SINDH, Pakistan: In Fattu Shah, a small village in Ghotki district on the border of the Pakistani provinces of Sindh and Punjab, a cemetery is reserved for women. Not just any women, locals say, but “condemned women,” or karis, killed over perceived offences to “honor.”
Hundreds of women are murdered each year in Pakistan, mostly by family members, in “honor killings” that punish women for eloping, fraternizing with men or other infractions in defiance of the conservative values that govern women’s modesty in the country.
According to the Human Rights Commission of Pakistan (HRCP), 430 cases of honor killing were reported in 2020, involving 148 male and 363 female victims. Of these cases, 215 victims, 136 of them female, belonged to the southern Sindh province.
Though the law forbids honor killings, experts say the enforcement of justice is often lax in such cases, with proceedings at times being drawn out while the accused are freed on bail and cases fade away.
Kariyon ka Qabristan, or the cemetery for condemned women, as the graveyard is called, is a testament to the continuing practice.
“The administration ... does not take any action on this lawlessness. People are afraid to talk. The women are helpless. If one is a victim, others are silent mourners.”
Zarka Shar, Pakistani women advocate
At least half a dozen villagers interviewed by Arab News — who spoke on condition of anonymity — said they knew of women who had been killed in the name of honor and buried in the graveyard in Fattu Shah.
Ali Nawaz, the 67-year-old caretaker of the four-decade-old cemetery, said there were at least 400 graves there, all of which belonged to women killed in the name of honor.
“Burials have decreased over the past few years, but women are still being killed in the name of honor,” he said.
Among the “condemned women” is Naseeran Chanesar, the aunt of 21-year-old shepherd Ilah Bux. He was 10 when his mother’s sister disappeared from her village home in 2013. For days, Bux kept asking his mother where Chanesar was, he said. “It was on the third day that a villager whispered in my ear that she had been buried in Kariyon ka Qabristan.”
Bux said he did not know which grave in the cemetery was his aunt’s: “The only person I could ask is my mother, but she also doesn’t know the exact grave.”
The caretaker said no visitors come to the graveyard even on religious holidays such as the Eid festivals or in the holy month of Ramadan, when many Muslims visit the graves of their family members and friends.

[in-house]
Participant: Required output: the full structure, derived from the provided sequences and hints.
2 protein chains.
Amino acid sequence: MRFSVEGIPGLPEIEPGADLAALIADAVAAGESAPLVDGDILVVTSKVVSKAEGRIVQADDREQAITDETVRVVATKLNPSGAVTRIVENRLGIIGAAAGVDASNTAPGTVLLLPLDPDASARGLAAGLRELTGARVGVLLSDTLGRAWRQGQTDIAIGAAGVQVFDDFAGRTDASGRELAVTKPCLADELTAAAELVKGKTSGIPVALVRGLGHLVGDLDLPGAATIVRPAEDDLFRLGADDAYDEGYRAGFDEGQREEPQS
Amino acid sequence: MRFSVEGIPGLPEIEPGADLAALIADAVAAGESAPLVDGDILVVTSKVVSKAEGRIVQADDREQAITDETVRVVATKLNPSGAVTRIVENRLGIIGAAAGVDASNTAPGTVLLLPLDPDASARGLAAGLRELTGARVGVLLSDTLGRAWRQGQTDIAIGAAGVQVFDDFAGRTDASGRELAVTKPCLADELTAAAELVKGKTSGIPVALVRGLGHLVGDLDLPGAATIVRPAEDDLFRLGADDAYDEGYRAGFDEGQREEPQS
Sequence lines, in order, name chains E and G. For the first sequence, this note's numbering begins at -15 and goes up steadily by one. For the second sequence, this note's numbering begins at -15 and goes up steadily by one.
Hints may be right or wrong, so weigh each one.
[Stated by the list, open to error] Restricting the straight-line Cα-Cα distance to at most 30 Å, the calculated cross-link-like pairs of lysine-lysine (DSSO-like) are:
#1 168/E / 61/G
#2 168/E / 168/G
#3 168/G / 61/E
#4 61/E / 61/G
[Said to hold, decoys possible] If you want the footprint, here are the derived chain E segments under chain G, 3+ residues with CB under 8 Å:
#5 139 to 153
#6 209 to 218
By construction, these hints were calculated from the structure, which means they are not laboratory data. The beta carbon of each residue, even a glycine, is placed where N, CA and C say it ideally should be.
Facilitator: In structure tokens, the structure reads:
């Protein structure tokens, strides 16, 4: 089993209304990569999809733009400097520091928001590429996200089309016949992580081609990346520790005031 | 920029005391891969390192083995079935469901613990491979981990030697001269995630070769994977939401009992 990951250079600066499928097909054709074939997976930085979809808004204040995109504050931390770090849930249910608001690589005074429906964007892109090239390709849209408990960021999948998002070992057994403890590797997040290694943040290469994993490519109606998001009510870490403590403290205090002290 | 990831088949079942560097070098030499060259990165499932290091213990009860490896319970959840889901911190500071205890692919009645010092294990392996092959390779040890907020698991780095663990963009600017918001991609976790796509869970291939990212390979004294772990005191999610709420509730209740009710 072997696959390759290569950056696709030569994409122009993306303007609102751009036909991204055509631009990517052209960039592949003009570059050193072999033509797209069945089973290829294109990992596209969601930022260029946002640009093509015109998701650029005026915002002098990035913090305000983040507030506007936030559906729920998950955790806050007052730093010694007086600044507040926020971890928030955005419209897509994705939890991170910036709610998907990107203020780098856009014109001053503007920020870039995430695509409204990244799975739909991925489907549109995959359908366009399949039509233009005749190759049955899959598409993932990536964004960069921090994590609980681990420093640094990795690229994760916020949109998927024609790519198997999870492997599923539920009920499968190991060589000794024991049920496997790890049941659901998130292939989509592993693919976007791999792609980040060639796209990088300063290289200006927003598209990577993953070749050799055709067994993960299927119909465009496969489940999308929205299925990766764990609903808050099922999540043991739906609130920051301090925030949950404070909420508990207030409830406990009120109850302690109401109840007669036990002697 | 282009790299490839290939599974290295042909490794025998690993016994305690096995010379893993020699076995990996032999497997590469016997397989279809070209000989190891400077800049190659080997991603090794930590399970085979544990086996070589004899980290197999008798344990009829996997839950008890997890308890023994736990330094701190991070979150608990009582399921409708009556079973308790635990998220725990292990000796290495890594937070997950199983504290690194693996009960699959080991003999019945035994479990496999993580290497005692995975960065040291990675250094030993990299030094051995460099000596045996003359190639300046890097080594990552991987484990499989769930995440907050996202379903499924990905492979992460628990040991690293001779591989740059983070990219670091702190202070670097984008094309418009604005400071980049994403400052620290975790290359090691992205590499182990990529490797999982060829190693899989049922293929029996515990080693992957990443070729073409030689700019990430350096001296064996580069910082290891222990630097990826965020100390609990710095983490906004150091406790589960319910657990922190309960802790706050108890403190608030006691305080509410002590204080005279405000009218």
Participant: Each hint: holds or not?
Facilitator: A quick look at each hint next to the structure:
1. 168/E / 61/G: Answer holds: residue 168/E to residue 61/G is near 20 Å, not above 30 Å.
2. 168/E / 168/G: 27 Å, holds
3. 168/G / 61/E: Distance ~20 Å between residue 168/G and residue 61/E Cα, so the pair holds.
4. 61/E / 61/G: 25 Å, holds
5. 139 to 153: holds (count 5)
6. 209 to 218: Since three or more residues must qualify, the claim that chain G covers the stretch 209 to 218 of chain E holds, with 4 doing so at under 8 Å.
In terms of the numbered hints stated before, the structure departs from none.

“Many graves have decayed over the years and are no longer visible,” he said, “and if someone even tries to come here, they cannot identify their loved ones.”
Another lost grave is of Gul Bano, who was killed by her elder brother in 2014, Bano’s cousin Murad Mehar said.
“On every Shab-e-Barat (major event in the Islamic calendar) when people go to graveyards to offer fateha (prayers) at the graves of their loved ones, we see Bano’s mother weeping in a corner of her house, remembering the daughter she can’t visit,” Mehar said.
Zarka Shar, an activist from Beruth, another village in Ghotki, said a graveyard had been reserved for victims of honor killings “because even after death, these ‘karis’ are not considered worthy to be buried in normal graveyards.”
“No rituals are performed for those killed and they are buried without being bathed,” she added. “This graveyard was built to spread fear.”
Shar said that even though the number of honor killings and subsequent burials in the graveyard had declined after the media had shone a spotlight on the practice in recent years, “there is still fear.”
“Even now if someone is buried, no one reveals it,” Shar said. “The administration ... does not take any action on this lawlessness. People are afraid to talk. The women are helpless. If one is a victim, others are silent mourners.”
Usman Abdullah, the deputy commissioner of Gotkhi, denied that the graveyard in question was reserved for karis.
Murtaza Wahab, a spokesperson for the Sindh government, acknowledged that incidents of honor killing occurred in the province but said he was not aware of a graveyard specifically for karis.
“I will summon a report from the local administration,” he said.
Mehnaz Rehman, the executive director of the Aurat Foundation, a women’s rights organization based in Islamabad, said the graveyard existed and that she had visited it several years ago as part of a fact-finding mission.
“There are painful stories,” she said. “We saw the grave of a mother who we were told was killed and buried there because she had dared to challenge customs.”